In May 1797, the 33rd Regiment of Foot Officers arrives in Calcutta. A round of parties ensues, one at Colonel Sherbrooke’s ‘small mansion’ in the village of Alypore three miles from the city. A guest later describes the company – which includes 28-year-old Arthur Wellesley, the future Duke of Wellington – as ‘eight as strong-headed fellows as could be found in Hindustan’. He recalls fondly:
After drinking two and twenty bumpers in glasses of considerable magnitude, the considerate president said everyone might then fill according to his own discretion . . . we continued to follow the Colonel’s example of drinking nothing short of bumpers until two o’clock in the morning, at which hour each person staggered to his carriage or palankeen. The next day I was incapable of leaving my bed from an excruciating headache, which I did not get rid of for eight and forty hours; indeed, a more severe debauch I never was engaged in in any part of the world.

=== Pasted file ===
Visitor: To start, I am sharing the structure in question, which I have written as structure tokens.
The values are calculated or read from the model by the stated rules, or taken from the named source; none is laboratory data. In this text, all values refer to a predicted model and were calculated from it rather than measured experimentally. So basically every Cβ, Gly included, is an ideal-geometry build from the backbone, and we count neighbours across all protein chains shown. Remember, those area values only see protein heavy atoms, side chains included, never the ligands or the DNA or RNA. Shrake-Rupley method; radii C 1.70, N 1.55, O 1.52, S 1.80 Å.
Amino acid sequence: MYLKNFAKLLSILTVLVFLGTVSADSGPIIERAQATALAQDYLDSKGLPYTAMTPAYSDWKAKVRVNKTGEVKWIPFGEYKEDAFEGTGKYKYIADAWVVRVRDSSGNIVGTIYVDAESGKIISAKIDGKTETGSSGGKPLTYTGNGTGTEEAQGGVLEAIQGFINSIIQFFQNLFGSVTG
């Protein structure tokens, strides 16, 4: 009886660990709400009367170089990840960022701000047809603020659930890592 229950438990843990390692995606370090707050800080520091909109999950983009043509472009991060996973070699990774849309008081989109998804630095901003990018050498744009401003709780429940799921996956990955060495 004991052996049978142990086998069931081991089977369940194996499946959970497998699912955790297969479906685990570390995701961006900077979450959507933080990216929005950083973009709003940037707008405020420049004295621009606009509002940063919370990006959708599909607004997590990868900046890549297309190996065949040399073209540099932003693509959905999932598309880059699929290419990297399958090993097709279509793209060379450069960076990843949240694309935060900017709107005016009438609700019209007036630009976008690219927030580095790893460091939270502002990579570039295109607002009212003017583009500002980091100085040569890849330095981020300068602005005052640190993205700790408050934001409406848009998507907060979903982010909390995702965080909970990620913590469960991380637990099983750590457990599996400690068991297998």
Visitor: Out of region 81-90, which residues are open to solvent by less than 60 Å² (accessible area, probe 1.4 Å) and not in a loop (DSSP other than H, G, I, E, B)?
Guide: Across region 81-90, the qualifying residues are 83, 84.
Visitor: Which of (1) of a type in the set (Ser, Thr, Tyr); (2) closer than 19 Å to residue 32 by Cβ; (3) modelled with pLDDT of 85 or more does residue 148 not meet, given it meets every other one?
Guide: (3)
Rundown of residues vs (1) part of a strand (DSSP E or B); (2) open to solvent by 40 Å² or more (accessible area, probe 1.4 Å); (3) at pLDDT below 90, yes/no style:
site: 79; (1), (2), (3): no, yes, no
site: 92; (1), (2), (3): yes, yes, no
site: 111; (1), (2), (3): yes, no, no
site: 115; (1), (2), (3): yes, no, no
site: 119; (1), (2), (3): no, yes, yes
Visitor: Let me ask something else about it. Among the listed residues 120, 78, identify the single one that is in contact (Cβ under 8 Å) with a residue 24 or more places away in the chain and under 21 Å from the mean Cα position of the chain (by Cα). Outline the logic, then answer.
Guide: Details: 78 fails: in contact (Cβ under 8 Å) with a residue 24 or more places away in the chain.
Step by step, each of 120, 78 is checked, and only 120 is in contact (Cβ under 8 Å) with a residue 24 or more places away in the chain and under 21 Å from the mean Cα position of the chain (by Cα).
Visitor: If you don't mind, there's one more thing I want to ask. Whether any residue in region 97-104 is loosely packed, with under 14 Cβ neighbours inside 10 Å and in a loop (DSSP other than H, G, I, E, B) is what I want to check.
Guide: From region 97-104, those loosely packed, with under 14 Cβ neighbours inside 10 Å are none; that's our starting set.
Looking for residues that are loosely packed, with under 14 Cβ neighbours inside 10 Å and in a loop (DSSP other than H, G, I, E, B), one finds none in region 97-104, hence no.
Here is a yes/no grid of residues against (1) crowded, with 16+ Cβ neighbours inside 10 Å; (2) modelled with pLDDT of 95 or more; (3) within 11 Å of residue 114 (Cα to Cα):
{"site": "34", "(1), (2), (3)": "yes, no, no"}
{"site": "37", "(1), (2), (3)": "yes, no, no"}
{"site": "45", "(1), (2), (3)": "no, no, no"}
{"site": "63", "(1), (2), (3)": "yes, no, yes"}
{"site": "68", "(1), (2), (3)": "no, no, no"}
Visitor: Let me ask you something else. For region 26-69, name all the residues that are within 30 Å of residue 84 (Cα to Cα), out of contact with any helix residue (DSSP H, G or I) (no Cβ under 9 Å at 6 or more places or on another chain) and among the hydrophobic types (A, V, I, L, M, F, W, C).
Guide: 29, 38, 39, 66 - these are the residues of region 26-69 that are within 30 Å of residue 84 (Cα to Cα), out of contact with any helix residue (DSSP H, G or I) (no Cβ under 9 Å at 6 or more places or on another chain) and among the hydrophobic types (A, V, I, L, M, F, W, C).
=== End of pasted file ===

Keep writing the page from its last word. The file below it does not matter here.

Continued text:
This was praise of a high order from our guest, for 48-year-old William Hickey had behind him more than thirty years’ experience of getting drunk and into trouble, be it in the bagnios and taverns of London, or in India, China or Jamaica. To call William incorrigible is vastly to overestimate his capacity for shame. He was expelled from school in ‘high disgrace’, became a hopeless spendthrift and was then dispatched to India by his father after embezzling his employers’ funds. He was ‘fixed’ from his early teens in his ‘attachment to women of loose and abandoned principles’. And he was a martyr to claret. He confesses: ‘Society proved my bane . . . I never could flinch from the bottle . . . though always cheerful and good humoured in my cups . . . I transgressed, repented, and transgressed again, thus continuing an endless course of folly.’
Hickey today is better known as a Daily Express gossip column laun
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